A sex drive-in for prostitutes and their clients in what is being hailed as a revolution for the world's oldest profession is to be launched in Switzerland.

The modern twist on transactions has seen nine 'sex boxes' erected in Zurich where customers and sex workers can conduct business - out of the glare of the city centre.

It may not be romantic but the majority of citizens gave the scheme the green light in a referendum last year.

Under the measure, clients drive their vehicle into one of nine parking bays enclosed on three sides by a high wooden fence. A red umbrella sign will identify the zone as a state-approved sex shop to punters.

Condoms are provided and exchanges take place in full view of an array of signs spelling out the rules of the sex drive-in. Only clients in cars are allowed to use to the facilities.

Prostitution is not illegal in Switzerland.

According to supporters, the sex drive-in will allow prostitutes to work in a safer environment. In the past it was common for sex workers to accompany clients into the surrounding forest - placing them at risk.

Public official Michael Herzig said the initiative places more control in the hands of the prostitutes.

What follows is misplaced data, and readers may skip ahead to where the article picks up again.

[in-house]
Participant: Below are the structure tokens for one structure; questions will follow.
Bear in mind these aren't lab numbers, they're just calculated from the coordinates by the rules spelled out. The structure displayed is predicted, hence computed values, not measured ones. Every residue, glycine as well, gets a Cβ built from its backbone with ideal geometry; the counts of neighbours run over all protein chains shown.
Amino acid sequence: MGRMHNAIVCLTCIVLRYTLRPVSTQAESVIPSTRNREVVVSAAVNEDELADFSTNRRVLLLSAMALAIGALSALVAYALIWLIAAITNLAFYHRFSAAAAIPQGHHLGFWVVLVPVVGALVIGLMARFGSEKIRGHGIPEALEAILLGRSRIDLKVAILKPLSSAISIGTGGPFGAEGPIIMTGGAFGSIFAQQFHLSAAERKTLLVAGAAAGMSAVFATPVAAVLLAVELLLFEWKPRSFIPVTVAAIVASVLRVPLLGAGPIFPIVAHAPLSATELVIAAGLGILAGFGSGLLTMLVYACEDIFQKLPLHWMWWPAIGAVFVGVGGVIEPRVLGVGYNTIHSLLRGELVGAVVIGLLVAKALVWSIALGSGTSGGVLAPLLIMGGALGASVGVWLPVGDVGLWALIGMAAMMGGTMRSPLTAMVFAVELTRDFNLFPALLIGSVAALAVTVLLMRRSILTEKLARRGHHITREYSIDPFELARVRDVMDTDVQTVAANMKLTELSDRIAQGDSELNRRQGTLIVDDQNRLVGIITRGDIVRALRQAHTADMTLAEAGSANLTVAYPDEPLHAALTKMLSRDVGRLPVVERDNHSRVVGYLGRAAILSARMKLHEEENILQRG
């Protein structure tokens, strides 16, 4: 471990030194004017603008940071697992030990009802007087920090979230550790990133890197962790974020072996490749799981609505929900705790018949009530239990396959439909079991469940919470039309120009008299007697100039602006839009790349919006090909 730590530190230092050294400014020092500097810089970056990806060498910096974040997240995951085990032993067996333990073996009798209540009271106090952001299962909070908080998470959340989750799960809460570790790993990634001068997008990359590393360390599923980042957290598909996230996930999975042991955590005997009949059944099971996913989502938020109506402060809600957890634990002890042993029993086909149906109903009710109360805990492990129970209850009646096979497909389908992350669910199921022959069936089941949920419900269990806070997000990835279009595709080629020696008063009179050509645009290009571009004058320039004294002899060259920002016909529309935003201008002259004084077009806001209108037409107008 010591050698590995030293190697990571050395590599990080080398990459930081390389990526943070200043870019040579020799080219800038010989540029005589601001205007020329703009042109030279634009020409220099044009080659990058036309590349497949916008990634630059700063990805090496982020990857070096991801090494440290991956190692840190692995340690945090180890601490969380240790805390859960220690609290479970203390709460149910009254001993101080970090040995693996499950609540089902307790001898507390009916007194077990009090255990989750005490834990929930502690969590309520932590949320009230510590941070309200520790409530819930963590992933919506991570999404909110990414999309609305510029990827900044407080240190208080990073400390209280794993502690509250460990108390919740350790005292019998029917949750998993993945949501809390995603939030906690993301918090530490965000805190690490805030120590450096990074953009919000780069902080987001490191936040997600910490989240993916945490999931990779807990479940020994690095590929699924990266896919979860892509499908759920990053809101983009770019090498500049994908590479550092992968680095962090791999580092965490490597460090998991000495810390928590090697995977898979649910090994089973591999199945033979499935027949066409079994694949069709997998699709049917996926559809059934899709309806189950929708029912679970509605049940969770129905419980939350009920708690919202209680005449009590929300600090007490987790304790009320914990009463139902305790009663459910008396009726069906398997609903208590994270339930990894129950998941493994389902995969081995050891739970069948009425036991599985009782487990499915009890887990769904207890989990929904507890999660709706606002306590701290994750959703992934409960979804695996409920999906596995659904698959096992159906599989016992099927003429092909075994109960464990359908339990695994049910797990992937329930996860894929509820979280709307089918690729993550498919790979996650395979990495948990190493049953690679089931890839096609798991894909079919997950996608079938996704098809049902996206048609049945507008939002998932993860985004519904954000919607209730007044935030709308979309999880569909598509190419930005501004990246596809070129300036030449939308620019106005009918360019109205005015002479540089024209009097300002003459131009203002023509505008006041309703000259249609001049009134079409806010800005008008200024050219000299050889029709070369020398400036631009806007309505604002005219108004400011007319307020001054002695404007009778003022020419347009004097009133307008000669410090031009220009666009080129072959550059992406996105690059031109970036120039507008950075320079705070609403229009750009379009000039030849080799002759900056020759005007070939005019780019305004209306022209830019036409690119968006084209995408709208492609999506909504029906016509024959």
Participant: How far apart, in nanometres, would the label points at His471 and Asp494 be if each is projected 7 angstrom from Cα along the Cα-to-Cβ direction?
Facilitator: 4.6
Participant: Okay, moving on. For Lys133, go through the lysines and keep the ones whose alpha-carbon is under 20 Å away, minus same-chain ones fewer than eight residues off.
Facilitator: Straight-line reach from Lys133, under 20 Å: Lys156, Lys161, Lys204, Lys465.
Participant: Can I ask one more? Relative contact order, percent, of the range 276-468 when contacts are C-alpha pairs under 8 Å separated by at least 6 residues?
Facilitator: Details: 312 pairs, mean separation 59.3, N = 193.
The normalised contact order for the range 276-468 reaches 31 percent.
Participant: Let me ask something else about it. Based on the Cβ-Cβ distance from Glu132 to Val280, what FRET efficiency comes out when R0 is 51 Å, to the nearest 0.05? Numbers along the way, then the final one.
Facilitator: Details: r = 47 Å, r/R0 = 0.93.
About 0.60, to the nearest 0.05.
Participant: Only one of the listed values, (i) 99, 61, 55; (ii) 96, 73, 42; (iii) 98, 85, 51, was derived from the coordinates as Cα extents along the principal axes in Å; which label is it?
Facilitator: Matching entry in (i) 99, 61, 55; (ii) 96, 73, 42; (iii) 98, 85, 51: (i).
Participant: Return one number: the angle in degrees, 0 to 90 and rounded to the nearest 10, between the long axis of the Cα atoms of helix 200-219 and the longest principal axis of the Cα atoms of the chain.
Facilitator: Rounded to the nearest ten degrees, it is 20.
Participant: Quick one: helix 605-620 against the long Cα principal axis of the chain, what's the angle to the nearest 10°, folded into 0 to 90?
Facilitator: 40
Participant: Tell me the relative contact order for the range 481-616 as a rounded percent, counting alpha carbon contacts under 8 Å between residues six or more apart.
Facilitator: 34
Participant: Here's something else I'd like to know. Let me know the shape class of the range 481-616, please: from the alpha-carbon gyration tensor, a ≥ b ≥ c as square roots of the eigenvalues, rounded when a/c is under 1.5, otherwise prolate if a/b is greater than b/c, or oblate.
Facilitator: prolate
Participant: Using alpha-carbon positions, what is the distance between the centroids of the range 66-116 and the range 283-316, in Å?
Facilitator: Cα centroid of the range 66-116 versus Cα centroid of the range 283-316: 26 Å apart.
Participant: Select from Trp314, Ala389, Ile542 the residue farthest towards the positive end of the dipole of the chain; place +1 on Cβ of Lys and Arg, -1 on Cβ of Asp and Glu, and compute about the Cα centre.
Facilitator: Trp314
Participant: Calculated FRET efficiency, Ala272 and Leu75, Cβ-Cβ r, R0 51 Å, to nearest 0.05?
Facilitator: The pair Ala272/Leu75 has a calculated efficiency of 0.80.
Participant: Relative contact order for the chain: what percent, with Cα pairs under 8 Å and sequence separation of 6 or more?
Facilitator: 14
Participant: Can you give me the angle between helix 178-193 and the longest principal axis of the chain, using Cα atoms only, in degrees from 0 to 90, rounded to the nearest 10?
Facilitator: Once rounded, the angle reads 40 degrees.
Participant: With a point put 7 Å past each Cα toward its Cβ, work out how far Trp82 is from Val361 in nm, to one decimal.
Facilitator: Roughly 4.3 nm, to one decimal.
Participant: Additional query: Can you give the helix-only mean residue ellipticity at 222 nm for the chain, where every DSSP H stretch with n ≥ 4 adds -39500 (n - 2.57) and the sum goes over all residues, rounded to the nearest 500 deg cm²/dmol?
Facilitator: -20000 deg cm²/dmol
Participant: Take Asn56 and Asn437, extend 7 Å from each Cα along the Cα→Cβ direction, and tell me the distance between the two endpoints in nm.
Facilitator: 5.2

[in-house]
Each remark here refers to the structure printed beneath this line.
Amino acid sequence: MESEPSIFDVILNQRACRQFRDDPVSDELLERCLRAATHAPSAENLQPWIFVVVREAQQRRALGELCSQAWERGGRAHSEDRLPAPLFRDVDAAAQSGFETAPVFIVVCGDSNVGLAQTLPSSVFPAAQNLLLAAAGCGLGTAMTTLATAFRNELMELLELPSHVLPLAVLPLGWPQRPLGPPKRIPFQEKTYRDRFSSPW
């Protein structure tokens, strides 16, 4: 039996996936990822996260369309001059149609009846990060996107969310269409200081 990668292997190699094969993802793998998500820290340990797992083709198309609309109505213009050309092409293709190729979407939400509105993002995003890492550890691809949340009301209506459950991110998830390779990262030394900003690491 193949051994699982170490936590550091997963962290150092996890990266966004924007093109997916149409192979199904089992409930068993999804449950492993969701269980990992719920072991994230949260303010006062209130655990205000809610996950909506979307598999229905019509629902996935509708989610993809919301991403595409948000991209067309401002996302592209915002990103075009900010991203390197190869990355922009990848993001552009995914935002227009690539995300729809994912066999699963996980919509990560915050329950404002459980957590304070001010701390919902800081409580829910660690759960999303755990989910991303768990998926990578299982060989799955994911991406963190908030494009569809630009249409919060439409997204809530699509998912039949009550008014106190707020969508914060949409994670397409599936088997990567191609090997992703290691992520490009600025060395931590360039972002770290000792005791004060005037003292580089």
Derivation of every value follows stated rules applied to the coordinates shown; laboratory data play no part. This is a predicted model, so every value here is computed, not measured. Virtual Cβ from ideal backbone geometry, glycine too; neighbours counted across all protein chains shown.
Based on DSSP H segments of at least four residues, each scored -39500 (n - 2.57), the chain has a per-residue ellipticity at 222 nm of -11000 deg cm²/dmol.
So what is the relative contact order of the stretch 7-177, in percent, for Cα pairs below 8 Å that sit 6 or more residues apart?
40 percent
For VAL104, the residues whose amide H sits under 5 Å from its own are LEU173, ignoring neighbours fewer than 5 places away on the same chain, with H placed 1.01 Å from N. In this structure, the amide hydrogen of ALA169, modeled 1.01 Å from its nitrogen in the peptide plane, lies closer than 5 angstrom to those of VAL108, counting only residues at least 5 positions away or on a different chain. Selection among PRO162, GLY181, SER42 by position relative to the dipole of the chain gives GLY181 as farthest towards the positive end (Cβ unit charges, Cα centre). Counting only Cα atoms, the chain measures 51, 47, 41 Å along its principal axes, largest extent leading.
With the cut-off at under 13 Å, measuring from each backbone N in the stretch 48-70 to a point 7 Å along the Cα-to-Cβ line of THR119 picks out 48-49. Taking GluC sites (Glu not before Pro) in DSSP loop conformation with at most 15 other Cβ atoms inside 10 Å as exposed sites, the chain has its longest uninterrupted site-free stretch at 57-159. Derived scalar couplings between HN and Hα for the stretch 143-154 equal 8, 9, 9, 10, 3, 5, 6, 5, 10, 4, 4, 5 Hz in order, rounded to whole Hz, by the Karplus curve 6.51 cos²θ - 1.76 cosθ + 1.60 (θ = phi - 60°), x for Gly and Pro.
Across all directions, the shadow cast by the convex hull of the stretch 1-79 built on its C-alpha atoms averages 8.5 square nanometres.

Sex box Signs explain rules, but not very clearly
Sex box signs explain rules, but not very clearly

He said: "Prostitution is a business basically.

"We cannot prohibit it so we want to control it in favour of the sex workers because if we do not control it, organised crime is taking over and the pimps are taking over."

The scheme was inspired by an identical measure in the German city of Cologne, which saw dramatic results.

Records indicate there has been no violence in Cologne's so-called 'special zone' and the income of sex workers has increased.

Not everybody approves of the novel approach to managing prostitution, however.

Politician Sven Oliver Dogwiler of the Awiss People's Party called it a waste of public money.

"It will not work either because the clients will not come or because the site will not be used by prostitutes. It puts them in a cleaner space but one that is subsidised by taxes."